What happened

Shares of General Electric (NYSE:GE) fell more than 5% on Thursday, nearly double the S&P 500's decline, after a Wall Street analyst said he sees little reason to get excited about the company right now. GE is making progress, but the turnaround is going to take time.

So what

General Electric has had a difficult run, with its shares down more than 70% compared to the company's growth stock heyday in the late 1990s. In recent years, GE has been trying to dig out after taking on too much leverage and making some market-topping acquisitions.

GE is on its third CEO since August 2017, and has been making progress getting its house in order. But in a note out Thursday, Cowen analyst Gautam Khanna said that he sees "limited upside" to the stock despite the improvements.

A GE9X Engine hangs off the wing of a commercial aircraft.

General Electric's GE9X engine. Image source: General Electric.

Khanna praised new CEO Larry Culp for improving transparency during the company's recent outlook presentation but said despite all the moving parts surrounding GE, the stock looks fairly valued.

Khanna wrote that if assigning a multiple of 18 to 20 times the $5.5 billion to $7 billion industrial free cash flow the company hopes to achieve in 2023, the implied equity value of the company would be between $11 and $13 per share. GE shares closed at $10.95 on Wednesday.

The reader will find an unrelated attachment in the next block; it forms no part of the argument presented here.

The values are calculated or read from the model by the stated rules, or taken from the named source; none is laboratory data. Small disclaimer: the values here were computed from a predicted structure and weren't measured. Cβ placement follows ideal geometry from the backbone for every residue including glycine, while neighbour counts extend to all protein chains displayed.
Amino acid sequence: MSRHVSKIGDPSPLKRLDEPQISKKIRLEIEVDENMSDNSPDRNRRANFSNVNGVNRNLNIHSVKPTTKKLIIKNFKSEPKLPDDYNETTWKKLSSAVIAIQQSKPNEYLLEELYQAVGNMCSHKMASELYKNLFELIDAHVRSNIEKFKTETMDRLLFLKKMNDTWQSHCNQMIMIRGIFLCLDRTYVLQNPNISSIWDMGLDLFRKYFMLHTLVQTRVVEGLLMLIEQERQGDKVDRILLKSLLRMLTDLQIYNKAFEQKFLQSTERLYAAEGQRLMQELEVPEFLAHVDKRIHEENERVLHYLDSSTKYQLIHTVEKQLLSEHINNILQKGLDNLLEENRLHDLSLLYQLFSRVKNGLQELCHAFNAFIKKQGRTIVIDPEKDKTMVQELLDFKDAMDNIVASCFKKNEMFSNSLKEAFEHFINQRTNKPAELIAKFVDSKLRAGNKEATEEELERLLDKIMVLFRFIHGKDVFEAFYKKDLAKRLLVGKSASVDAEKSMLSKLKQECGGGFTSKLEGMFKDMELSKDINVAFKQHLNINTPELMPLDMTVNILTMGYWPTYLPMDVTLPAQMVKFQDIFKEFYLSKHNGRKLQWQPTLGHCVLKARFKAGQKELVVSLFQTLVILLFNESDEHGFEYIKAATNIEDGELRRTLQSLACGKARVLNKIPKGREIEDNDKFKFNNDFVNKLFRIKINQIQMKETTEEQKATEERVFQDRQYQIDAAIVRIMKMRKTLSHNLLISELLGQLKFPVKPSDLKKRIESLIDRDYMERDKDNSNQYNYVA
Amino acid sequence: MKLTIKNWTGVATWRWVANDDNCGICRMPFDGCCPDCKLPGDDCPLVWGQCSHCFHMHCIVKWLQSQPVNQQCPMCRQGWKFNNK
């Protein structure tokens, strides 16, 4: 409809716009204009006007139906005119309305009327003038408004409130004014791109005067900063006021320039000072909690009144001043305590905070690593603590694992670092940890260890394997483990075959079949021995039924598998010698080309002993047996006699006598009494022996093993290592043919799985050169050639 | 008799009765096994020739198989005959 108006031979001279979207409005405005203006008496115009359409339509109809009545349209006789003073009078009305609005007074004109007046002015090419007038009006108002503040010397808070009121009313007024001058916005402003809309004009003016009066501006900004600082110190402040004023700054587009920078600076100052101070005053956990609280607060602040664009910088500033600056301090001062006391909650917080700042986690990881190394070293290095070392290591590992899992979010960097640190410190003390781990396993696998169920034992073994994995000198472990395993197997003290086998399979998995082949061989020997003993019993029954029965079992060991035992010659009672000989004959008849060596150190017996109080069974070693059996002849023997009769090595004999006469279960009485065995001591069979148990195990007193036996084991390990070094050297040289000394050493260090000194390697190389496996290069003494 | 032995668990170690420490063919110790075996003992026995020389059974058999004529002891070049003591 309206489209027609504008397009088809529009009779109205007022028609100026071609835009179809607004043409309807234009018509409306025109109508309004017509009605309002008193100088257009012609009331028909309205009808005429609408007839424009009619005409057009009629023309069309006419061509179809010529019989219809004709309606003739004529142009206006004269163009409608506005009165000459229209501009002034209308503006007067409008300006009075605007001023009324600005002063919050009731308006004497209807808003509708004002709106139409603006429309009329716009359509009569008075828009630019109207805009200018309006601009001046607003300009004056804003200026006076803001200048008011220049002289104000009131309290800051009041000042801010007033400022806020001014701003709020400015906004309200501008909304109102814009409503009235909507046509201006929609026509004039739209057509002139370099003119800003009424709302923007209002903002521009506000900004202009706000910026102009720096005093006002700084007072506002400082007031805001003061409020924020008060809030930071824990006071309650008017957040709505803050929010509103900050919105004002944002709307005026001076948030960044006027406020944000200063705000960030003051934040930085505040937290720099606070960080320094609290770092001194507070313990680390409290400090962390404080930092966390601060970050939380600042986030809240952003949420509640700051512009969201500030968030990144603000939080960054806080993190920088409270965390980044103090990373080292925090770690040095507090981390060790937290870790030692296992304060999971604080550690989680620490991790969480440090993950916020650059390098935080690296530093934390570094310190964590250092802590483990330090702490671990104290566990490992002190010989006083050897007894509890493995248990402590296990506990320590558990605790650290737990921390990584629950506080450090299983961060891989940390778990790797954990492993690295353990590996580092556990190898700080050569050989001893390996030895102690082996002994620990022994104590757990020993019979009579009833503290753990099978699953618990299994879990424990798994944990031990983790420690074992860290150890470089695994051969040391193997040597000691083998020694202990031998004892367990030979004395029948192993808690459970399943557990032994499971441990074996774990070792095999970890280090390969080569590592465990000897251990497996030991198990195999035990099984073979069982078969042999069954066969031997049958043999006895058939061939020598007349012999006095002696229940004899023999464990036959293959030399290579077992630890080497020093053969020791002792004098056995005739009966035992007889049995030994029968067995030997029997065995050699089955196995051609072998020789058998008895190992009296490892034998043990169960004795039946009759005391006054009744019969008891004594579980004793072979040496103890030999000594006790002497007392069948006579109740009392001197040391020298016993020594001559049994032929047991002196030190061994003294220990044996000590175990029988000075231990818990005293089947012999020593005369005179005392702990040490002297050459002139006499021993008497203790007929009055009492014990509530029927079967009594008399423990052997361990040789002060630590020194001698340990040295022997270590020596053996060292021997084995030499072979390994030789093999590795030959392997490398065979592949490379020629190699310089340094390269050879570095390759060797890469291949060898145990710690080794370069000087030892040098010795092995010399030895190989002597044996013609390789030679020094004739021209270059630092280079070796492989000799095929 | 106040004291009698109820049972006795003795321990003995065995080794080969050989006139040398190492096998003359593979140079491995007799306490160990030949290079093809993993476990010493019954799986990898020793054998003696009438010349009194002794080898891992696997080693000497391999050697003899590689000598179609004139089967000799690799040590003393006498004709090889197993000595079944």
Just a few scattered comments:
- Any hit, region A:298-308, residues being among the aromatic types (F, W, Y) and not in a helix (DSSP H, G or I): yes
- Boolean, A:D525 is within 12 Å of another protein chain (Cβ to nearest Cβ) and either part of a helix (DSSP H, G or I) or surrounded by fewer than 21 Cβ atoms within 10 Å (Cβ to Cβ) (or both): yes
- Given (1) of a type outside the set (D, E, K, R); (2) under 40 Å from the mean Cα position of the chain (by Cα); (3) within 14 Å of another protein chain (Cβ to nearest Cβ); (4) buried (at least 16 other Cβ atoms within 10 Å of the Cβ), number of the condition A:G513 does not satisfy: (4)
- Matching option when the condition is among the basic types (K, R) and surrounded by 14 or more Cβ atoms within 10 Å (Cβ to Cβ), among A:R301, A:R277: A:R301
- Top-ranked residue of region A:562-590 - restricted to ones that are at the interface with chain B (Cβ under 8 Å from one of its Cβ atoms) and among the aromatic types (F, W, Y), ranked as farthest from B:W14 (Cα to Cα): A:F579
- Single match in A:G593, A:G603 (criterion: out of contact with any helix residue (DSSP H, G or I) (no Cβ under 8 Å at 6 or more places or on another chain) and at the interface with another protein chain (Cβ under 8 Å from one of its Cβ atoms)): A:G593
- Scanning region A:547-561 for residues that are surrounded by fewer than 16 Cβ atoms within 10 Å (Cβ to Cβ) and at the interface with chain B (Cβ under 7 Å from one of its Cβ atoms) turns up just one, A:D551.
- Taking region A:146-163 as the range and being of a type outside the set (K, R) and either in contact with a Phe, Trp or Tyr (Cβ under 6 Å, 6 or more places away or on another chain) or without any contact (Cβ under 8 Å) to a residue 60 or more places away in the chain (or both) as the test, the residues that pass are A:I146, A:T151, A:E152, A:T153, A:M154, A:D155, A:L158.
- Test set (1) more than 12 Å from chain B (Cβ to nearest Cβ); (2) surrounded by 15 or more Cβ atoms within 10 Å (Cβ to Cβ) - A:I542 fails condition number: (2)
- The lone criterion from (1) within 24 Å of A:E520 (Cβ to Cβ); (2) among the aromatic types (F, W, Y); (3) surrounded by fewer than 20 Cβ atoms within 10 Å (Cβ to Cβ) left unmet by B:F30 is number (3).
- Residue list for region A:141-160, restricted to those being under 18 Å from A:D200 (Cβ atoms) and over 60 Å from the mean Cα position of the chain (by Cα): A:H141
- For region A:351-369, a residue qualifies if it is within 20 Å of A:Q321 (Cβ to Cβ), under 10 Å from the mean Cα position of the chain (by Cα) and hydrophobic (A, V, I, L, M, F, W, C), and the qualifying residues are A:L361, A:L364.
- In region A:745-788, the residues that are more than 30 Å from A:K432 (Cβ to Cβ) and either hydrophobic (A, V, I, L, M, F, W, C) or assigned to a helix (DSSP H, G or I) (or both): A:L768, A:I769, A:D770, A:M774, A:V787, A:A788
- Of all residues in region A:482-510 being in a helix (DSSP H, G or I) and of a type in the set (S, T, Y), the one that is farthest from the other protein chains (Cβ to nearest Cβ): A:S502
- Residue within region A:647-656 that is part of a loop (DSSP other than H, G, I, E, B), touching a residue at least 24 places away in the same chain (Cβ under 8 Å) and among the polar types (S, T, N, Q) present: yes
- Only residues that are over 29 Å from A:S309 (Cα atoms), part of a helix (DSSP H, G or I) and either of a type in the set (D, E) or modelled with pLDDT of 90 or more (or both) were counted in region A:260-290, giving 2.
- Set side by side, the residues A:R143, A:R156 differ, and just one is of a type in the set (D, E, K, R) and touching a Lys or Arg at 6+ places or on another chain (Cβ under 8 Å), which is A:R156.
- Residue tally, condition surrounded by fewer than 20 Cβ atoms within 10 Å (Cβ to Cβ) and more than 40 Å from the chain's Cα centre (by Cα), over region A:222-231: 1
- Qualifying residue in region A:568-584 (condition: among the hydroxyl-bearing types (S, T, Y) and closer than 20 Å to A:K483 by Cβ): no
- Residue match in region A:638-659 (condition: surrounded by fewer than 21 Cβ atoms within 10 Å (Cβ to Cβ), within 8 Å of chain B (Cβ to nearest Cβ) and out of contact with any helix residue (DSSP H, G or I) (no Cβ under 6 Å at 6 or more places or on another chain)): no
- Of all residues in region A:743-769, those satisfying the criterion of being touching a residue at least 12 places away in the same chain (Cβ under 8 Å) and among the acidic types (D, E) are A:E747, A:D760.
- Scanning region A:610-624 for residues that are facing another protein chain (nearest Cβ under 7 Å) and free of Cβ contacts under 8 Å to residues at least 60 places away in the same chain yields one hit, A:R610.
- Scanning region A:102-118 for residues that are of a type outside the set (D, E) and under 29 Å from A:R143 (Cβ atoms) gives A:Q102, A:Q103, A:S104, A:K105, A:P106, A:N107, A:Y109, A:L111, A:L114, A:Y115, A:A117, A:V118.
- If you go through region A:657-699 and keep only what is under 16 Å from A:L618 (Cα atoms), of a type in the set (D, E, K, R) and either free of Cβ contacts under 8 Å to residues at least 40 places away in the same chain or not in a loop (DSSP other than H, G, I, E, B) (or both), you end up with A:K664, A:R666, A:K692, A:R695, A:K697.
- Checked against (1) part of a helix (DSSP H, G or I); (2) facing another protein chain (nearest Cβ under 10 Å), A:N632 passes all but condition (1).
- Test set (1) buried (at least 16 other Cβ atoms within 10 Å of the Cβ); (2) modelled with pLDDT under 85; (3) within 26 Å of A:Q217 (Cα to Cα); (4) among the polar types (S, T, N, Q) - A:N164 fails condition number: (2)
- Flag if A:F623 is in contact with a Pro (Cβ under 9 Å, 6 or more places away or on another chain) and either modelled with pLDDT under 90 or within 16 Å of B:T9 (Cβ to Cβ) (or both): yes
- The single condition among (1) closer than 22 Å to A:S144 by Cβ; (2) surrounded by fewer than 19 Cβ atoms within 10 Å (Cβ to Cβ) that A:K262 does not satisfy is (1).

Now what

GE under Culp has done a lot to restore investor credibility and convince markets that criticism the company is "a bigger fraud than Enron" is off the mark. But this is a huge company with difficult issues, including a massive need for deleveraging and energy businesses that continue to sputter.

There are new risks emerging as well, including a potential commercial aerospace slowdown that could eat into GE's successful aircraft engine business.

With so many balls in the air, and with such a long time horizon to get GE's house back in order, there doesn't seem to be much reason to rush into the shares right now.

This article represents the opinion of the writer, who may disagree with the “official” recommendation position of a Motley Fool premium advisory service. We’re motley! Questioning an investing thesis -- even one of our own -- helps us all think critically about investing and make decisions that help us become smarter, happier, and richer.